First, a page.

19 Oct The History of Halloween
We’re coming up to one of our favorite holidays of the year, Halloween! We know Halloween as a day to dress up, go out and celebrate the child inside of us, and maybe even get candy. However, there is a long history behind the coveted holiday, dating all the way to 2000 years ago.
This tradition started with Celtic Festivals which marked the end of Summer and the beginning of Winter, which also symbolized death in those months. October 31st was the night they believed that night spirits of the dead returned to earth.
The Celts, who were composed of people from Ireland, UK, and France, celebrated their new year on November 1st. Then, All Saints’ Day which was moved to be celebrated from May 13th to November 1st in 609 A.D. by the Pope. Subsequently, in 1000 A.D., November 2nd was deemed All Souls’ Day by the church.
The name Halloween also comes from the Celtic religion. All Saint’s Day has an alternative name called All-Hallows, which gradually became All-Hallows Eve, and then as we know it now, Halloween.
Halloween then came to America, but was mainly only celebrated in the southern colonies. This is where the Halloween we know and love came to fruition. The people in the southern colonies would go to “play parties,” or celebrations of the harvest, and the public would tell stories of the dead, sing, dance, and tell fortunes. There was a massive growth in immigrants by the late 19th century from the Irish Potato Famine, and as a result, Halloween began to spread and become a tradition all around the country.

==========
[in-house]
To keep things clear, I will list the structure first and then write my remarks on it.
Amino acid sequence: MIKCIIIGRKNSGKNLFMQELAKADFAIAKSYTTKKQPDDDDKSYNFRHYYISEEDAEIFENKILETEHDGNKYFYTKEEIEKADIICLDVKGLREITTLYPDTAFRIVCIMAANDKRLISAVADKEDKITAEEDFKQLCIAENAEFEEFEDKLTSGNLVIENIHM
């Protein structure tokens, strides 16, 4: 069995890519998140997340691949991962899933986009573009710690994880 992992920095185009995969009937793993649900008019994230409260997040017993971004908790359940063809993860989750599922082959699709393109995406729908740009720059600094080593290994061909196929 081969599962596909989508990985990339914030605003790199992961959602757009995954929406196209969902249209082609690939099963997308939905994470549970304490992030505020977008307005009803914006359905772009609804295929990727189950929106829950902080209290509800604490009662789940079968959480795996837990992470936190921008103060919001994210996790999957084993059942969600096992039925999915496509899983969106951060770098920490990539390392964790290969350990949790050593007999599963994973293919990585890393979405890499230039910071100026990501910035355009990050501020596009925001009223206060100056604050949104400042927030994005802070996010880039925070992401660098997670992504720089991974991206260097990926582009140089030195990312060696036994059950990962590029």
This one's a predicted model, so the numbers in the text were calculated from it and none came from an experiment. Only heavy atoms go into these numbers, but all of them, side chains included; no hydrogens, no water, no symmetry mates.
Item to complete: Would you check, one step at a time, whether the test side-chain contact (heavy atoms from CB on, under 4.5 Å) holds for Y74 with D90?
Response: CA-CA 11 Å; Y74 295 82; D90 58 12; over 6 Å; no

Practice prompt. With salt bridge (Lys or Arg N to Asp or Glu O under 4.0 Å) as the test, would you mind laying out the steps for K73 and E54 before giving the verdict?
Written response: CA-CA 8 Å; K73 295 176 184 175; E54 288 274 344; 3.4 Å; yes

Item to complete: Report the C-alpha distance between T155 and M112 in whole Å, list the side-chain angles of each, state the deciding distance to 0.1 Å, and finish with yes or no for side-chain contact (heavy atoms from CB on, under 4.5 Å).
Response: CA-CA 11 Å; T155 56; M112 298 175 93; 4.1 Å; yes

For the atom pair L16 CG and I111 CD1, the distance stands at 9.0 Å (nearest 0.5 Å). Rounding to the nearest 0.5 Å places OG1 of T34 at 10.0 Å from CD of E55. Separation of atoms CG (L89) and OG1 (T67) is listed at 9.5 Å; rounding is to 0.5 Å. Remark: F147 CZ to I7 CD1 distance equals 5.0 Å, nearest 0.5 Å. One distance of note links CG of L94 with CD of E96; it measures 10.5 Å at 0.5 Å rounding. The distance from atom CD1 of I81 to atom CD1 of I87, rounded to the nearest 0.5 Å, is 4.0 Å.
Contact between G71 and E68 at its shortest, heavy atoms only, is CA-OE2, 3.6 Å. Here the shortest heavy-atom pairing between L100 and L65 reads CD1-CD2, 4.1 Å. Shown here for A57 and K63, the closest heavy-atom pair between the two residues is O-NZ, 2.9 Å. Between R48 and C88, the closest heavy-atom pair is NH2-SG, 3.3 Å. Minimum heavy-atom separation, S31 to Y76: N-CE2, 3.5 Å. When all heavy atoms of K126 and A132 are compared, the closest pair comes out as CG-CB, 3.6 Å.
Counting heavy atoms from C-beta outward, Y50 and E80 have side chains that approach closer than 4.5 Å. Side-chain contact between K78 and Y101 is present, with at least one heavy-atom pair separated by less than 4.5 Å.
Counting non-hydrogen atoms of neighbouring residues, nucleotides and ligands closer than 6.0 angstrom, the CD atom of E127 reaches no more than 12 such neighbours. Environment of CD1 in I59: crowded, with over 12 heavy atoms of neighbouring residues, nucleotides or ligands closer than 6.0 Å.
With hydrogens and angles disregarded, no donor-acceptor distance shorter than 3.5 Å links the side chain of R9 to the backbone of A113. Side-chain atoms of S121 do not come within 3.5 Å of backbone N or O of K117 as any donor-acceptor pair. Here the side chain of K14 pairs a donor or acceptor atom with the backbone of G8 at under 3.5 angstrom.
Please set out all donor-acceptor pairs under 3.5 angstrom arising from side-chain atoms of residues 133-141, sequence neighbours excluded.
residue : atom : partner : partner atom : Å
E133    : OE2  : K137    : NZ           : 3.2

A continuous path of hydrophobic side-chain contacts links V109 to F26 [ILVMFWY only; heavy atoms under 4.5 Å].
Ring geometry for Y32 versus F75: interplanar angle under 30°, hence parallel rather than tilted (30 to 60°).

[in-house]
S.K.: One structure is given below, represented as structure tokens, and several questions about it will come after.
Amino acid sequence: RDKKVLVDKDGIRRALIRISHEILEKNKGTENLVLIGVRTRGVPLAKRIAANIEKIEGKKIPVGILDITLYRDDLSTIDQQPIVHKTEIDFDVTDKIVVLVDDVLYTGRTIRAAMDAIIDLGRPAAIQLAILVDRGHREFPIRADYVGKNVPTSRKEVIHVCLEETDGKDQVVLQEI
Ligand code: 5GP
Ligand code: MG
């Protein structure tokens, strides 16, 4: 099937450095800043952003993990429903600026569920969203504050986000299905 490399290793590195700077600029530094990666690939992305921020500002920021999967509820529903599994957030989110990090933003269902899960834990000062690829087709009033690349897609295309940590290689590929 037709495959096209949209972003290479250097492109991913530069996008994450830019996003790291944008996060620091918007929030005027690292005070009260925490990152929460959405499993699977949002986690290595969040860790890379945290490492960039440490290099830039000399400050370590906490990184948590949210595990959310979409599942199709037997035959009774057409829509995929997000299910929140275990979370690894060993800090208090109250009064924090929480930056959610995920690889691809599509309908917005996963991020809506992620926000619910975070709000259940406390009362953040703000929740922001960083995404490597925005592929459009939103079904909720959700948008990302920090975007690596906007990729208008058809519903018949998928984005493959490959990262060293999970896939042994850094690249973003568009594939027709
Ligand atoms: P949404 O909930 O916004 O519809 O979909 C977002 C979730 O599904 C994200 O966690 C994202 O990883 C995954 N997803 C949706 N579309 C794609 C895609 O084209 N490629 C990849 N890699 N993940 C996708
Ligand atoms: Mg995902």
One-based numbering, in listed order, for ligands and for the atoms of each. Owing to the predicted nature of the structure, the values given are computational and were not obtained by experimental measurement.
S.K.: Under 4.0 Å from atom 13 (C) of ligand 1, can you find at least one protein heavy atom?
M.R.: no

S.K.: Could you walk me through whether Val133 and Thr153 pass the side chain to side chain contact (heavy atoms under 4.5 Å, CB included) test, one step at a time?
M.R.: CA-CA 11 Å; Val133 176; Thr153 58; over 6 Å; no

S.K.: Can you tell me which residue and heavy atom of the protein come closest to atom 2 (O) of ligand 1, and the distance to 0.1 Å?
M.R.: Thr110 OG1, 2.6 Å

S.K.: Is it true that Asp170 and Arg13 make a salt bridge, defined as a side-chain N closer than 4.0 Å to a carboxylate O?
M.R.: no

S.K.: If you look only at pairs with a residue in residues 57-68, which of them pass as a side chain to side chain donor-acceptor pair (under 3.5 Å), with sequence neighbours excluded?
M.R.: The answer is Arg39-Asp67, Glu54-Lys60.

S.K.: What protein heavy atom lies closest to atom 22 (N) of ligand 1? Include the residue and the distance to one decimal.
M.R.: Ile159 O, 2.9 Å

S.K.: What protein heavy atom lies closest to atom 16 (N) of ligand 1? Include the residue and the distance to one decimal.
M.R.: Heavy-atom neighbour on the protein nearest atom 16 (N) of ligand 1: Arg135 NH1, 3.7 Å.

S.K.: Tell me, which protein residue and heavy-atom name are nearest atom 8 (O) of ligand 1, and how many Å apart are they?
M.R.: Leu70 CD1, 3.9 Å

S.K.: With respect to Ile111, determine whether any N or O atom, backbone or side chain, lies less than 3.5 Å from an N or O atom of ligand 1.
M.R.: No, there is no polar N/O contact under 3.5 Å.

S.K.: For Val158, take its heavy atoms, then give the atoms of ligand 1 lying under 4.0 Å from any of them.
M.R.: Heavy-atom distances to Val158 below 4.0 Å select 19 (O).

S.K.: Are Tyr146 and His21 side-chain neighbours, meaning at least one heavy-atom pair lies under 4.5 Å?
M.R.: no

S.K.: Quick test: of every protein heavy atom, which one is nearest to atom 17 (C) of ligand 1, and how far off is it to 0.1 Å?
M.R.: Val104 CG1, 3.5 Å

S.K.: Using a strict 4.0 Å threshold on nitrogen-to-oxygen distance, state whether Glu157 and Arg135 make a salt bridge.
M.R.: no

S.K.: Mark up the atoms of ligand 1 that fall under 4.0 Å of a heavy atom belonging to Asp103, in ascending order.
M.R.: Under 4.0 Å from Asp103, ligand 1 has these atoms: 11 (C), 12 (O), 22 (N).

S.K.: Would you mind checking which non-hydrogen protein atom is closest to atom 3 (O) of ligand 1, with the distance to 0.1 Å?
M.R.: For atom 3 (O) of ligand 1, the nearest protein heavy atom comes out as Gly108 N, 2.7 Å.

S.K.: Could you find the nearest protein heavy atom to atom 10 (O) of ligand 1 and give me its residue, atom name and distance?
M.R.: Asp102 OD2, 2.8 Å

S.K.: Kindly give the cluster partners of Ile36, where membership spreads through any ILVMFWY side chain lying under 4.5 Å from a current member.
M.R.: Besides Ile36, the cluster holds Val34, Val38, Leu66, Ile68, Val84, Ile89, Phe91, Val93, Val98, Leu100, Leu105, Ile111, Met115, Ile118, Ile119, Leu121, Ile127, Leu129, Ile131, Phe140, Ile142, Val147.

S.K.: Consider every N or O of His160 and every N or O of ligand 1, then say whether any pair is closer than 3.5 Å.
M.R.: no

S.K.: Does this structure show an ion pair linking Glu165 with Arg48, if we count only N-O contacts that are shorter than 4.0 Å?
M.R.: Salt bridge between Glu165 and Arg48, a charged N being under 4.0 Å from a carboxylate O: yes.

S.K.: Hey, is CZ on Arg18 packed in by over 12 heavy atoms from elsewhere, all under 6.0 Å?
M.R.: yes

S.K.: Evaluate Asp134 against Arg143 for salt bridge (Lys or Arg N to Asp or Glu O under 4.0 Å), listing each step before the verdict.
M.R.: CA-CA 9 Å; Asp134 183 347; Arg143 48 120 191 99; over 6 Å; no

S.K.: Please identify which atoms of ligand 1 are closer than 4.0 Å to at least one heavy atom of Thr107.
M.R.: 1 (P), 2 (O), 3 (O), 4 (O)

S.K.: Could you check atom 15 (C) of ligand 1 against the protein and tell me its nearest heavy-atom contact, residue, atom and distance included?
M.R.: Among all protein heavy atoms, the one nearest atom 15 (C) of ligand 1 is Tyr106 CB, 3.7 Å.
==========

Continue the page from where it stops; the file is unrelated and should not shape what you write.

Trick-or-Treating started as an effort to stop the vandalism that occured when Halloween became popular in the 1920’s. The shift occurred when the demographic that primarily celebrated Halloween became younger. Trick-or-Treating became an experience that was relatively inexpensive, and was overall a positive experience.
Currently, Halloween is one of the most popular commercial holidays in the United States. Americans are now spending 6 billion dollars annually on Halloween, between candy, costumes, and decorations to get in the spirit. But what will the holiday look like this year with the fear of COVID-19 lingering?
From all of us at ACCL, we hope that you have a safe, healthy, and happy Halloween, however you may choose to celebrate this year. For more blogs like this, and about the latest marketing trends please visit acclmarketing.com, and follow our social media.
Blog By: Kate Sullivan (Intern 2020)